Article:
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I'm getting tossed into an existing codebase, and part of the job is to get the code gradually under test as I make updates. So it's a process of taking something old and ugly and making it nicer.

In this case, there is a code similar to this:

foreach (var thingamajigLocator in thingamajigLocators)
{
    Thingamajig thingamajig;
    try
    {
        thingamajig = thingamajigservice.GetThingamajig(thingamajigLocator);
    }
    catch
    {
        // exception logged further down, but is rethrown
        continue;
    }

    thingamajigCollection.Add(thingamajig);
}

It's ugly and in theory, if the exception is handled further down, it shouldn't be necessary to handle it here, but that's how the code is and currently, it's too much work to handle the service code.

I would love to do something like this:

thingamajigCollection = thingamajigLocators
                            .Select(tl => thingamajigservice.GetThingamajig(tl))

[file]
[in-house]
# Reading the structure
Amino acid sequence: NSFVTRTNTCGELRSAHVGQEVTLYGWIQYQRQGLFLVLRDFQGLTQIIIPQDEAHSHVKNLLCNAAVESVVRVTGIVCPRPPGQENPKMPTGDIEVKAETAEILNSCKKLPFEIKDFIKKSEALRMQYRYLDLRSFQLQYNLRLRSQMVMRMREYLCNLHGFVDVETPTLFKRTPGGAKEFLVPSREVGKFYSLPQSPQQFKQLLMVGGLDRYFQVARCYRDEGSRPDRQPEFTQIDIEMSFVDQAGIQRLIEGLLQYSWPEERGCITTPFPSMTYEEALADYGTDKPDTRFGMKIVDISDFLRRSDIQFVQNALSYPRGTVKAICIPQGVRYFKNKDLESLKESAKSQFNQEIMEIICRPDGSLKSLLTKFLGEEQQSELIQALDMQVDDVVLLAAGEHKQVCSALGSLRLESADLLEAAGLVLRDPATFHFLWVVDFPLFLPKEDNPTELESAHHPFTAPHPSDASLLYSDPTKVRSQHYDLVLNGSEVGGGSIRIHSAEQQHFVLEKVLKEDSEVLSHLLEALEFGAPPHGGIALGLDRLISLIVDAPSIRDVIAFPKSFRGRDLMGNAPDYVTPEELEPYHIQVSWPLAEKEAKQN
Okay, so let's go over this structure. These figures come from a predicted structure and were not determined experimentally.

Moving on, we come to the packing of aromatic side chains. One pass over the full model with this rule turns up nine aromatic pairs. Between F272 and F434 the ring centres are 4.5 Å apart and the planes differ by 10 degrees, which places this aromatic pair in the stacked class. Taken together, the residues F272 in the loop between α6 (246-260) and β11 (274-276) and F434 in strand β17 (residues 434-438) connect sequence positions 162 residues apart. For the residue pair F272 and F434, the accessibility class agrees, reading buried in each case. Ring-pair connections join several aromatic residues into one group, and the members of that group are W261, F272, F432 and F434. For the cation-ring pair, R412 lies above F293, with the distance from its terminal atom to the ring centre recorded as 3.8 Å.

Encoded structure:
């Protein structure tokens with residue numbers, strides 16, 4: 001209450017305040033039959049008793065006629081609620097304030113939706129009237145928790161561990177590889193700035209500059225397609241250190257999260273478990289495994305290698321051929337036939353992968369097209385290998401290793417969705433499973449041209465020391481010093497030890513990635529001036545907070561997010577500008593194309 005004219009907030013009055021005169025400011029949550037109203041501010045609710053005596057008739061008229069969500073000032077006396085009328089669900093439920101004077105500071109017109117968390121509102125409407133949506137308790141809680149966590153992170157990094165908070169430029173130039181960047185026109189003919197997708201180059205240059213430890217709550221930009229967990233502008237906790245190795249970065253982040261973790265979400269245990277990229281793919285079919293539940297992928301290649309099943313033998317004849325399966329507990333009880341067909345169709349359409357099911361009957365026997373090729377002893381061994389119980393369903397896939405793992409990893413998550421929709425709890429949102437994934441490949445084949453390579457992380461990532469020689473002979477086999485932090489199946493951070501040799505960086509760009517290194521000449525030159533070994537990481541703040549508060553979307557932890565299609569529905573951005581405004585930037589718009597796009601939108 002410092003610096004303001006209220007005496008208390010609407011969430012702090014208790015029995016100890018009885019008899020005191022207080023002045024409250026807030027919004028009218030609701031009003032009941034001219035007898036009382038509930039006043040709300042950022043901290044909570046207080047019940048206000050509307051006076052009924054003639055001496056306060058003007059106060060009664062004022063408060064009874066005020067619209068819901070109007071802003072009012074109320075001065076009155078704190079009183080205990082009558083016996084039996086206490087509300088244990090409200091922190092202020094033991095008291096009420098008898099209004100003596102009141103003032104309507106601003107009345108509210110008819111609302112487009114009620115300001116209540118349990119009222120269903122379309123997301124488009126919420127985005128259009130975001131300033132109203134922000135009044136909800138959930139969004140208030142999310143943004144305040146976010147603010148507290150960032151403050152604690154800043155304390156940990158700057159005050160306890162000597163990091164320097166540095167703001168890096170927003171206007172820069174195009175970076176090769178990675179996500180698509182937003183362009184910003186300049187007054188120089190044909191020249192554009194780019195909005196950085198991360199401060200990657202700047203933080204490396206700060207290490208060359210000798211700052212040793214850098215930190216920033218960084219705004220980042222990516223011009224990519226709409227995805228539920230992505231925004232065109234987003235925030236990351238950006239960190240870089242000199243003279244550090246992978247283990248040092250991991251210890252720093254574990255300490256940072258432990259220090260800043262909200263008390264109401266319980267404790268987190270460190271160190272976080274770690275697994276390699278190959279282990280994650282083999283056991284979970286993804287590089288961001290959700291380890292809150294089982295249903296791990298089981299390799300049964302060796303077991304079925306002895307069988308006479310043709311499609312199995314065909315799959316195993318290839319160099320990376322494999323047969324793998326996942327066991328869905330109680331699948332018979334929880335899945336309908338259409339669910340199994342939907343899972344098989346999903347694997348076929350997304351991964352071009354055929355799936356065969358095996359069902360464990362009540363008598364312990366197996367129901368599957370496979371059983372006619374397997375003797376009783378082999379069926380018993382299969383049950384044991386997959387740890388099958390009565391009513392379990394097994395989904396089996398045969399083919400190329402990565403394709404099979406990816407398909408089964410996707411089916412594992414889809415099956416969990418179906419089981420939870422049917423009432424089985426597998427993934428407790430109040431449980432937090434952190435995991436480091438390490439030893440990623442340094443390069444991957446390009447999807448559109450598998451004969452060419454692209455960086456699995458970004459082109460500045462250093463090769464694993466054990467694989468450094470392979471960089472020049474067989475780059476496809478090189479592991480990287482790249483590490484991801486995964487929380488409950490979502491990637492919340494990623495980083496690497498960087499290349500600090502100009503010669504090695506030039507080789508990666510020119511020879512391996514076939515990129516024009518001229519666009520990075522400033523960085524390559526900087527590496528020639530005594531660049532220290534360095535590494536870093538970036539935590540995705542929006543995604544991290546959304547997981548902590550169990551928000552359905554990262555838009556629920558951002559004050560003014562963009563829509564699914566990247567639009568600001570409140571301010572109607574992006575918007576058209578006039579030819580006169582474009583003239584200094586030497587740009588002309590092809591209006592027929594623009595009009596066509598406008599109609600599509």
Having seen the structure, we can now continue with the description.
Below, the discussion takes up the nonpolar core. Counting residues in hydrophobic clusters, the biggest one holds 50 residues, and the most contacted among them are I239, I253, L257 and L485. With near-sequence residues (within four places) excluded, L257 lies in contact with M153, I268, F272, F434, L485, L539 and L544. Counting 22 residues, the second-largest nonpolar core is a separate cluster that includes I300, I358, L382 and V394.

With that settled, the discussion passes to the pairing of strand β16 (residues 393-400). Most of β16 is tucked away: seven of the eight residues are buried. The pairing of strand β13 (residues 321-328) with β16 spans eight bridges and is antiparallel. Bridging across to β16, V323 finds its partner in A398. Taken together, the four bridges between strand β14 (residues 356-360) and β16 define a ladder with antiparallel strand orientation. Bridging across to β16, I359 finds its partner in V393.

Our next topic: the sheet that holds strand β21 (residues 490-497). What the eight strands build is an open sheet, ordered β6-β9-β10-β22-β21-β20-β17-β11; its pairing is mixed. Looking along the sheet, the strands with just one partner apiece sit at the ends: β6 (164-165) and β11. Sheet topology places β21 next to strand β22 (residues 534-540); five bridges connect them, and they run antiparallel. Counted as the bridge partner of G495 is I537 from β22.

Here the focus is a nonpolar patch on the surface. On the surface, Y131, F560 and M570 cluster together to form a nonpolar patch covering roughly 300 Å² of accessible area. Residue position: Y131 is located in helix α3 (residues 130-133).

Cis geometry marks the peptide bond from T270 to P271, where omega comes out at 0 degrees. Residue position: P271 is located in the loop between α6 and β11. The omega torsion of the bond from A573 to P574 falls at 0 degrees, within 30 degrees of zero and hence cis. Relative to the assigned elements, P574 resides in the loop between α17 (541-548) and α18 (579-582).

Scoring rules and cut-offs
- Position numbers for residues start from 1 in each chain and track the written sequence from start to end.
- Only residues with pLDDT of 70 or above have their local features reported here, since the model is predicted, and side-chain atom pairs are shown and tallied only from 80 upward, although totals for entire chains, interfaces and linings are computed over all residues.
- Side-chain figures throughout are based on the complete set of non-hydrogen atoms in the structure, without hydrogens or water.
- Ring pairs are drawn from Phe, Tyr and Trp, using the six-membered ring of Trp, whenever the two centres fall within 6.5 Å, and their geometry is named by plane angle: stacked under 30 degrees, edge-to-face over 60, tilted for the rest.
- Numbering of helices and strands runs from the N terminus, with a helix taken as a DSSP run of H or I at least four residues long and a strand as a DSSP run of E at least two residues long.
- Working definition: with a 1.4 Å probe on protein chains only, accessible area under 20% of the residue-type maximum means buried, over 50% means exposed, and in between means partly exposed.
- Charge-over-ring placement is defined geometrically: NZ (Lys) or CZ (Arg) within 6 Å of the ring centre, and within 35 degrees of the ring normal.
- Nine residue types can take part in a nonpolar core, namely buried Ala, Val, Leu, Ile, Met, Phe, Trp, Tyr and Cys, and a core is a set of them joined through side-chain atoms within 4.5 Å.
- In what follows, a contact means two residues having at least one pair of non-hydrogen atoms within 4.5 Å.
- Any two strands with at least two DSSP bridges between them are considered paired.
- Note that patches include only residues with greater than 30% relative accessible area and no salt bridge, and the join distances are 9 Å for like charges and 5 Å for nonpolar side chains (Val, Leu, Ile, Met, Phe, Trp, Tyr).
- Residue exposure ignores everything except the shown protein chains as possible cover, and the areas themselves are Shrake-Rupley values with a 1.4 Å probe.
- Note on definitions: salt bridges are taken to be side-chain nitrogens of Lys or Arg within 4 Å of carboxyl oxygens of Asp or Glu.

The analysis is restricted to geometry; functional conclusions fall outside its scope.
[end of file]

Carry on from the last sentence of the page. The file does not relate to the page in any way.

.Where( /* some condition that strips out the ones throwing exceptions */ );

Is this possible in any way? Any other suggestions? I can certainly leave the foreach with the try/catch, but it seems like it could be more elegant since I don't care what the actual exception is in this case. Which again, I know is horrible form, and will need to be addressed, but no time for it right now.

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4  
am i alone in thinking foo is a better identifier? –  Preet Sangha Oct 12 '10 at 11:29
2  
I think that the identifier is awesome! While it's weird due to it being obfuscated, it serves its purpose by identifying the variables as something meaningful, instead of just foo or list. –  Igal Tabachnik Oct 12 '10 at 12:00

6 Answers 6

up vote 2 down vote accepted